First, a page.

Renee Ellis Honored
ATHENA Award recipient known for helping others
On a sultry August day in 2005, Renee’ Ellis threw a few things in her yellow Hummer and left her Mandeville, La., home. She didn’t need to take much, planning to be gone only a few days. After all, she was used to evacuating when a hurricane was headed toward the Gulf Coast.
Two days later, Katrina – a Category 5 storm – slammed into south Louisiana, killing 1,800 people and doing $125 billion in damage.
Those “few days” away from home turned into 15 years – and counting.
Ellis, a New Orleans educator and business owner, drove 17 hours to Shreveport. She watched the news, saw the devastation and soon realized her life was about to change.
“They started talking about there’s not going to be any more New Orleans public school system,” Ellis remembered. “That really hit home. After being here a couple of weeks, we did receive a pink slip. We had to go get our final paycheck at a Western Union. That was it. There was no more New Orleans public school system. There was no "you have a job." You couldn’t even come back to New Orleans and get anything because everything was under protective order. The military was surrounding the city. New Orleans – how it was – was no more.”
Fast forward to December 2020, and Ellis has more than put her life back together. So much so that she is the recipient of the 2020 ATHENA Leadership Award. Each year, the Greater Shreveport Chamber honors someone who, among other things, devotes their time and energy to improve the quality of life for others.
“I did make a promise that if I could just get past the hurricane – the lowest point in my life – I would, for the rest of my life, help out anyone I possibly could that was in need,” Ellis said. “That’s what I’ve been doing since (late) 2005. A lot of people say it’s a big deal, but to me, it’s just what I’m supposed to do. I’ve really been blessed by being here. Shreveport has never made me feel like an outsider, even though I know I am. I can’t imagine living anywhere else.”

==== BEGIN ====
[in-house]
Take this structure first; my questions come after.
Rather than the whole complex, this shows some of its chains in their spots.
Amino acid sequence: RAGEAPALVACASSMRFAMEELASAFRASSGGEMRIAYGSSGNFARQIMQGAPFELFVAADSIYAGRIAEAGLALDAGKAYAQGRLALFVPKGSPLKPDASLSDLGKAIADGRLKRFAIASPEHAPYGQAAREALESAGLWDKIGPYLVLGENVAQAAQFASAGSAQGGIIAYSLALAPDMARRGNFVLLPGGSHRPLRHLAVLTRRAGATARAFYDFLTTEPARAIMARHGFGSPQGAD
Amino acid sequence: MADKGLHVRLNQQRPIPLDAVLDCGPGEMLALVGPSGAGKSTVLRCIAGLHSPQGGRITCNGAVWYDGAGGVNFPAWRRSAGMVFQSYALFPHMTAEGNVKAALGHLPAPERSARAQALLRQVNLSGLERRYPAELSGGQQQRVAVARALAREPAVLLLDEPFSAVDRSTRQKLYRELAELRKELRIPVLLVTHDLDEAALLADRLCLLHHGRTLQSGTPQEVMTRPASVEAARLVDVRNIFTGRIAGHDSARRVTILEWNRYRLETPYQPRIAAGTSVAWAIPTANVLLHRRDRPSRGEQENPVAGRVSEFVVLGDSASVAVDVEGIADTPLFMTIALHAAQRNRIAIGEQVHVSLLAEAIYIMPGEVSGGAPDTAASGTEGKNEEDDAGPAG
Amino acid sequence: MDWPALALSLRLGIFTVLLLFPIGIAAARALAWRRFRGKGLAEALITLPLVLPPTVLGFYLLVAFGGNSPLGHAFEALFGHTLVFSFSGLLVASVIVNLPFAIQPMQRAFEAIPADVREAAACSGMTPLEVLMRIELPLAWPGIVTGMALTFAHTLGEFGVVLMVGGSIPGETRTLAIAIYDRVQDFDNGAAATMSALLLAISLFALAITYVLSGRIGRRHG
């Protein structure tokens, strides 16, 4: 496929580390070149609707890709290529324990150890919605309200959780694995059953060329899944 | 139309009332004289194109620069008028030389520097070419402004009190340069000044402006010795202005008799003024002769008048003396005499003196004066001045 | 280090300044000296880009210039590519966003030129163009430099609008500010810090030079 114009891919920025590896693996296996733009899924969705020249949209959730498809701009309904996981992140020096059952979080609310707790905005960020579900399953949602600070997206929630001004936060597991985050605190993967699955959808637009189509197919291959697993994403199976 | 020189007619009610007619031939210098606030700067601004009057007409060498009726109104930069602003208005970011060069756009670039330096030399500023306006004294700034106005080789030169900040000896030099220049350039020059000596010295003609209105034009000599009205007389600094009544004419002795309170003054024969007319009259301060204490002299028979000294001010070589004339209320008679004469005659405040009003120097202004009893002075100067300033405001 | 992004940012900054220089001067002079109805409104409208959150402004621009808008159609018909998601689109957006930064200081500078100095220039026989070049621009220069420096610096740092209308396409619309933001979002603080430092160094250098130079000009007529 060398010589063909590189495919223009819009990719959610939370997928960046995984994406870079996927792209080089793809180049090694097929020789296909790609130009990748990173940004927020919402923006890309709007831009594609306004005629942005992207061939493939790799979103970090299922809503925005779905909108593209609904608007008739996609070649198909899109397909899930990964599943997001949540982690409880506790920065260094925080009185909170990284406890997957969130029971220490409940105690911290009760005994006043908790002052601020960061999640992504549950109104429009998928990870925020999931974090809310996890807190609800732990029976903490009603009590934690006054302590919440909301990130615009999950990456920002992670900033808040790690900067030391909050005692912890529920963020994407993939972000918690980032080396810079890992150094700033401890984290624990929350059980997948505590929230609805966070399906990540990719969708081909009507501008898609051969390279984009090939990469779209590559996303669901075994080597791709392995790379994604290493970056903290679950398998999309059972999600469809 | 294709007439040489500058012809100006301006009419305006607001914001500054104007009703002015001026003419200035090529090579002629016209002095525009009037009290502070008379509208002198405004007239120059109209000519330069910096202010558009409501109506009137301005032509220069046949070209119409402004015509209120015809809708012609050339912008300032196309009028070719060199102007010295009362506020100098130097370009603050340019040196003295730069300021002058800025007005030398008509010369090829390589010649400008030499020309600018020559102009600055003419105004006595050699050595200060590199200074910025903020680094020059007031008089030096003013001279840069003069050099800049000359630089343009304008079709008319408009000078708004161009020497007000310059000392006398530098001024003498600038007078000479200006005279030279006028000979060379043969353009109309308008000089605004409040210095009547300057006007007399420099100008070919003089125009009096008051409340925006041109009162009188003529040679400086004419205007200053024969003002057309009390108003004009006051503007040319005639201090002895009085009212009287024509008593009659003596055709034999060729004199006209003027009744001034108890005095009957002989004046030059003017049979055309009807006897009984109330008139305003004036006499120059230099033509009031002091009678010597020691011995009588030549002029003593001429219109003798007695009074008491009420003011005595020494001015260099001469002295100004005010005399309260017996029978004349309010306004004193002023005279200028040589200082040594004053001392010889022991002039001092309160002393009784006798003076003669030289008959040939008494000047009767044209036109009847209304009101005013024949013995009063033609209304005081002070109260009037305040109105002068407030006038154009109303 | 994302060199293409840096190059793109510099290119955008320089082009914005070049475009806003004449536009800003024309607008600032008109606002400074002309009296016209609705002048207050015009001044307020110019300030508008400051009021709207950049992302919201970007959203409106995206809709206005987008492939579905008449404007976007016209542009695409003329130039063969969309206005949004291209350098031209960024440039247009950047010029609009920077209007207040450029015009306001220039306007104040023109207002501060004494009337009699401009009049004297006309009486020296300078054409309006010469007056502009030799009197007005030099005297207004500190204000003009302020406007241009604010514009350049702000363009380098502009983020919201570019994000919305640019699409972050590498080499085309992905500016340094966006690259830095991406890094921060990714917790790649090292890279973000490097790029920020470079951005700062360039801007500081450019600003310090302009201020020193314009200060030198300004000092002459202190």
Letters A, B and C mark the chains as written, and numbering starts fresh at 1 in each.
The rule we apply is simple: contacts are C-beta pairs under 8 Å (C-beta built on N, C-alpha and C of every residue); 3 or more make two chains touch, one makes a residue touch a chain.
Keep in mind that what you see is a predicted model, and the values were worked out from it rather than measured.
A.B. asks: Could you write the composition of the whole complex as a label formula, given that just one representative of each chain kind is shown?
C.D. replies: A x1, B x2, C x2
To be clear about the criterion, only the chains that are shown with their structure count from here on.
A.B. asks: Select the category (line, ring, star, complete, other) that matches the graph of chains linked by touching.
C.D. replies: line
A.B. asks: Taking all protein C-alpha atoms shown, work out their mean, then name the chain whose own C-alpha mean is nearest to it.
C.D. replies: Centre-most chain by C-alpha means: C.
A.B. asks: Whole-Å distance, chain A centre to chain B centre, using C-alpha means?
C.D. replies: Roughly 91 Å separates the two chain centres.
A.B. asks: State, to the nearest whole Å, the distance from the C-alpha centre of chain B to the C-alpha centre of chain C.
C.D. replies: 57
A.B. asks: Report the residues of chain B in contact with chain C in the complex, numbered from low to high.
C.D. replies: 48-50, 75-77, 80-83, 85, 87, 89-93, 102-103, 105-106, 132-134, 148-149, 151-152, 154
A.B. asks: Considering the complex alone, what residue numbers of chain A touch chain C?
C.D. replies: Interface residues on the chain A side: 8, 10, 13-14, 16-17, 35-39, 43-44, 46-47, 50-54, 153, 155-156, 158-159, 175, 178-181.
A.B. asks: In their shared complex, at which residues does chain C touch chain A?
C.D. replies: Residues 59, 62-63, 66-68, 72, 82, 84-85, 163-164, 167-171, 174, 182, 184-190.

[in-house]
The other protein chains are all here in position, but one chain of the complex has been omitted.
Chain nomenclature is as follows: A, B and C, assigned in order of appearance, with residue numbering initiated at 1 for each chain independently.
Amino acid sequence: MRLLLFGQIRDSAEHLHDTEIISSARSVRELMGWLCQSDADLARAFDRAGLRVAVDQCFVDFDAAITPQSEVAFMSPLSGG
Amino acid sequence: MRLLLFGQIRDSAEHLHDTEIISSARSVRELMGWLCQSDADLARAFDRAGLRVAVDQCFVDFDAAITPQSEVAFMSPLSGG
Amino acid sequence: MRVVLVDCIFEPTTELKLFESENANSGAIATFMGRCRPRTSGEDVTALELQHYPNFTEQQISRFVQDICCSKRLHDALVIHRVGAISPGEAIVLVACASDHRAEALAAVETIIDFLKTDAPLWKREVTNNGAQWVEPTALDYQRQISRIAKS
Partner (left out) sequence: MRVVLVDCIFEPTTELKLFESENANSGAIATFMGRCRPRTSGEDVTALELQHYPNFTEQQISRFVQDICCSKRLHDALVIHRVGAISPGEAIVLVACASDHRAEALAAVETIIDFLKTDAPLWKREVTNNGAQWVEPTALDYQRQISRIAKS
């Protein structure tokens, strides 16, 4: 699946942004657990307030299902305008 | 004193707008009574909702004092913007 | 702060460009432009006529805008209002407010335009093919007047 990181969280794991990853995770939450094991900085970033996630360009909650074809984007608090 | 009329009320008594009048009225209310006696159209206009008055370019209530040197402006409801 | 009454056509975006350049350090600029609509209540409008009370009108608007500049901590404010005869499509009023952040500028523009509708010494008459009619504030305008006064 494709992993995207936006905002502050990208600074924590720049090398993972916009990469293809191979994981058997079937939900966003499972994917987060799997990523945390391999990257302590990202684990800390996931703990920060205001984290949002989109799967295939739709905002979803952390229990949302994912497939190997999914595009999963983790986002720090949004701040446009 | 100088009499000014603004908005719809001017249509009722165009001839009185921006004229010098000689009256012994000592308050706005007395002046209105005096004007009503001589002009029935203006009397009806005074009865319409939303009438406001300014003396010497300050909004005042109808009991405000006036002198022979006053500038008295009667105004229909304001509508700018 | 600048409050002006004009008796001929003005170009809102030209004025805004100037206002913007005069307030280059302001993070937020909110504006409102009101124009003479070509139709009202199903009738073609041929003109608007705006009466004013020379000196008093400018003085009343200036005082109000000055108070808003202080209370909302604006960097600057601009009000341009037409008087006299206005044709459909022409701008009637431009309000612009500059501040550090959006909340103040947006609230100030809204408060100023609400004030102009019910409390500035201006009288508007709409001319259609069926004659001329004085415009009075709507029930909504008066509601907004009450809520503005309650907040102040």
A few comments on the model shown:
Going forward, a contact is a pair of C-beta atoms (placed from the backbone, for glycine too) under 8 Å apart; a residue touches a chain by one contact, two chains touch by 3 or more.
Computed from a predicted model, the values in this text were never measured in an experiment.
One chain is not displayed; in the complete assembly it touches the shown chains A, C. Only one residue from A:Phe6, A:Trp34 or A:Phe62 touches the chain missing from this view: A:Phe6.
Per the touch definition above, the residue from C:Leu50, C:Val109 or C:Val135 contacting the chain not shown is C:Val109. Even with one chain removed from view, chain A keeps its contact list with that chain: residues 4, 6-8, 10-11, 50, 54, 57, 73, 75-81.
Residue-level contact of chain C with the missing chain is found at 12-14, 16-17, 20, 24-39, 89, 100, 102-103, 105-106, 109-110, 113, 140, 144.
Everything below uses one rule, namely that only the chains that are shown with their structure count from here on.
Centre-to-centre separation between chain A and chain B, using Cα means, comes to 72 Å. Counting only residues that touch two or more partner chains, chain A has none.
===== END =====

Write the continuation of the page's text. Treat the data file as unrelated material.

In her 28th year as an educator, Ellis is the community engagement specialist for the transformation zone within the Caddo Parish school system. That means she spends most of her time building relationships with business partners, who in turn donate time and money to schools that need help the most. Ellis is now using her platform as an ATHENA recipient to bring attention to Caddo's students' needs.
“I never thought I was going to win, but I am so honored that the children are getting a voice,” Ellis said. “People are calling now, asking, 'How can I help the kids in the Transformation Zone?' That is very fulfilling and rewarding. I just want their voice to be heard. I just want them to be seen, no matter the zip code they’re in. I want as many people as possible to say, 'Yeah, even though I live on this side of town, don’t forget about the children in this zip code.' It really warms my heart that even more people are opening up their hearts, their minds and their wallets to help the kids that are most in need . All they need is one person to believe in them."
But Ellis’ desire to help others is not limited to children. While the principal at Shreveport’s Westwood Elementary, Ellis noticed who she assumed was a full-time custodian.
“I would be there at 5:30 in the morning, and she would be there right behind me,” Ellis remembered. “I would leave at 8 at night, and she would still be there. One day I asked her how long she had been with the Caddo school system, and she said, 'Mrs. Ellis, I'm just a sub.' She said, 'I've been trying to get on permanently with Caddo, but they say they're not hiring.' I said, 'Does that mean you don't have any insurance?' She said, 'No ma'am.' I said, 'Just give me 30 days. You will not be working at this school without any insurance. You're the only one working harder than me.' Because of Ellis, the woman who worked 14-and-a-half-hour days as a fill-in, is now the school's head custodian, overseeing eight people.
"That's a life-changing story," Ellis said.
Ellis’ life has changed, also. She eventually went back to Mandeville and got her clothes and other personal items. However, the New Orleans building she owned – which housed her tutoring business – was a total loss.
“I had to see it to realize it was over,” Ellis said.
But Ellis' new life was just beginning. Little did she know it would be her best life.
“When I came to Shreveport, it was like I had to start over. Shreveport has been so very good to me.”
And Ellis – the 2020 ATHENA Leadership Award recipient – has been so very good to Shreveport.